Features » July 10, 2017
Naomi Klein: We Need A Plan, Not A Brand
The author speaks on Corbyn, Trump, climate change, and the “hollow branding” that got us here.
Brands compete with one another for market share, while movements want to work with whoever wants to reach the same goal.
By her own admission, Naomi Klein’s books tend to be tomes. In three several-hundred-page doorstoppers, each comprising a half-decade’s worth of research and reporting, she’s explored the damage wrought by cynical corporate branding projects (No Logo: Taking Aim at the Brand Bullies), the way neoliberal strategists exploit crises for profit (The Shock Doctrine: The Rise of Disaster Capitalism) and the deep connection between the climate crisis and our economic system (This Changes Everything: Capitalism vs. the Climate). When Trump was elected, Klein decided to take a new tack. Her latest book, No Is Not Enough: Resisting the New Shock Politics and Winning the World We Need, is a good deal shorter, synthesizing lessons from her work over the last 20 years into a theory of how Donald Trump won and how to fight him.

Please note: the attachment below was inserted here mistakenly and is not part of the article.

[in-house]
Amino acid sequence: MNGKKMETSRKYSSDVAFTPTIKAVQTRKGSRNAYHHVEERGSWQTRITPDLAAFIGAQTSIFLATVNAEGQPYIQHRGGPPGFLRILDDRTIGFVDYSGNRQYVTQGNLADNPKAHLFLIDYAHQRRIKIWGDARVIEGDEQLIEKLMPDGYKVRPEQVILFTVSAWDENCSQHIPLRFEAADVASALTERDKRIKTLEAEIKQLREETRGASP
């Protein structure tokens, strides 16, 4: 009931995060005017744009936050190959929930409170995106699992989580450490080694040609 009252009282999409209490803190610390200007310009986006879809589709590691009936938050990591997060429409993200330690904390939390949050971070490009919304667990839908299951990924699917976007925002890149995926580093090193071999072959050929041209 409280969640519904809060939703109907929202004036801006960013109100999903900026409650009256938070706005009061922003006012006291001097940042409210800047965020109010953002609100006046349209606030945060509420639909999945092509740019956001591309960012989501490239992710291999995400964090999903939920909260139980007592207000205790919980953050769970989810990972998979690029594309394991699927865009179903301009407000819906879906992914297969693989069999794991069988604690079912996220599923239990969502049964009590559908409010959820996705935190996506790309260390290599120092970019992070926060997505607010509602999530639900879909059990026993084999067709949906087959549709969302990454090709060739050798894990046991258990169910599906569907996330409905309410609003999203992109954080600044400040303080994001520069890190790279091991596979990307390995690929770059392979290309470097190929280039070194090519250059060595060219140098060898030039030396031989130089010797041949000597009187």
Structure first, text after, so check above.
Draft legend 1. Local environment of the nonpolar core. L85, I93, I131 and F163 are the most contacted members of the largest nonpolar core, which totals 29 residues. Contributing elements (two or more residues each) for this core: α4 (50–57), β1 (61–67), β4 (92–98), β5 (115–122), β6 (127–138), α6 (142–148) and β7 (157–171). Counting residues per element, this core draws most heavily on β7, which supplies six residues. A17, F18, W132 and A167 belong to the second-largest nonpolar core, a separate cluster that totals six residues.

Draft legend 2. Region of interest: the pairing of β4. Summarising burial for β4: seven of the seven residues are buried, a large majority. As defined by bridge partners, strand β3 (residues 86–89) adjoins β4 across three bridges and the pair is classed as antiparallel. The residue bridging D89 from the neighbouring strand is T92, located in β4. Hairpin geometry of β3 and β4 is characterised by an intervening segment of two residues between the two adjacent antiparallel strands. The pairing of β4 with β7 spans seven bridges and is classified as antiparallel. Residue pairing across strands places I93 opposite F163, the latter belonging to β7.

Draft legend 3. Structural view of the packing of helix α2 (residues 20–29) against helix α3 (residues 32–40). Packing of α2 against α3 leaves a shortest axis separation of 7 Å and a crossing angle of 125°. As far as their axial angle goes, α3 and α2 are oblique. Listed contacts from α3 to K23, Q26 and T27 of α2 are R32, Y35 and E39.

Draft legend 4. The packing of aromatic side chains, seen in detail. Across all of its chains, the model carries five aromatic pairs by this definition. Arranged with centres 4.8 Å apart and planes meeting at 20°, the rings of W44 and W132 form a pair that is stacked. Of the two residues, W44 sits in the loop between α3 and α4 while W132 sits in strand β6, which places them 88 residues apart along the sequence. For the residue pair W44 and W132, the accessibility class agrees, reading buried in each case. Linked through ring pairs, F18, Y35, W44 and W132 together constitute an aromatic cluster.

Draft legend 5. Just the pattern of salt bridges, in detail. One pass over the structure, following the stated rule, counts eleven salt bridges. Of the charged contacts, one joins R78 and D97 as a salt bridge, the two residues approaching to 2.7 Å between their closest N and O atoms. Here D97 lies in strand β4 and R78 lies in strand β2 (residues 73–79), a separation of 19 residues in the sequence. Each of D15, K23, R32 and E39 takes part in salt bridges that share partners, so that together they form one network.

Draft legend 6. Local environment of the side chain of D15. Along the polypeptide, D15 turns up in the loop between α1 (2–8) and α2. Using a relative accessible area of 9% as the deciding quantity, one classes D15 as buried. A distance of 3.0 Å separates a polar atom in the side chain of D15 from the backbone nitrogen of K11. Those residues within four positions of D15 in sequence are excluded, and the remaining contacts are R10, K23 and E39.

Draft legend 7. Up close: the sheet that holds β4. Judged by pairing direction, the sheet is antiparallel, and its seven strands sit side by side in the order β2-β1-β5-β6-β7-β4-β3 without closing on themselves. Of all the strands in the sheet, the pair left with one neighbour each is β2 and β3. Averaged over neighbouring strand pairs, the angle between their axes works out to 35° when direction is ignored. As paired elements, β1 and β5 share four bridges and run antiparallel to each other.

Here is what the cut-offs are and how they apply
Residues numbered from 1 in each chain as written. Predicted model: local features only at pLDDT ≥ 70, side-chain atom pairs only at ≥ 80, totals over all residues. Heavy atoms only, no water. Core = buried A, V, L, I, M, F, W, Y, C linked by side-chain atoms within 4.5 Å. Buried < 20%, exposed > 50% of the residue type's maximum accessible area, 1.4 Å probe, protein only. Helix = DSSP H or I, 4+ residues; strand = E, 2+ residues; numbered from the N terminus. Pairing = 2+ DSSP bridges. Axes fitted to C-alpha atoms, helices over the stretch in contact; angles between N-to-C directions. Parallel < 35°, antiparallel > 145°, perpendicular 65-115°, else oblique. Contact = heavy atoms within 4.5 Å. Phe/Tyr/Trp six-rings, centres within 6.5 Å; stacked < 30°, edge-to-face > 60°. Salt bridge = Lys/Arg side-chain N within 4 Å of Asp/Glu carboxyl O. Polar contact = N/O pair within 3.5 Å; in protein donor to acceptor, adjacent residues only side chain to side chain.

In These Times sat down with Klein in mid-June to talk Corbyn, Trump, climate change, populism, and the “hollow branding” and shock-therapy economics that got us here.
To start on an upbeat note, the U.K. Labour Party and its leader, Jeremy Corbyn, have just pulled off a huge upset—in part by campaigning on what, in the United States, would be considered a far-left platform. Is there a lesson here for the U.S.?
One of the lessons is that the ideas matter at least as much as the messenger. The messenger does matter, and having political skill matters. But being trustworthy matters, and something Corbyn and Bernie Sanders share is they don’t have a lifelong history of flip-flopping. They’ve had a core set of beliefs for a long time, and they’re not slick. There is something about that un-slickness that is making them trustworthy carriers for these policies.
Once again, we are learning that bold, transformative ideas that really hold up the promise of tangibly improving people’s lives can win elections or come damn close. And so that’s exciting, and it’s a fearsome responsibility: If the Left can win, that means the Left must win. That’s not a sense of responsibility that I grew up with. We thought we could never run on a platform like this. It turns out that it’s possible, and that these ideas are wildly popular. So this is a message for not just establishment Democrats, but for everyone. Because it also means that we have to figure out why we’re not making it all the way. Let’s remember that Labour came close, but they didn’t win.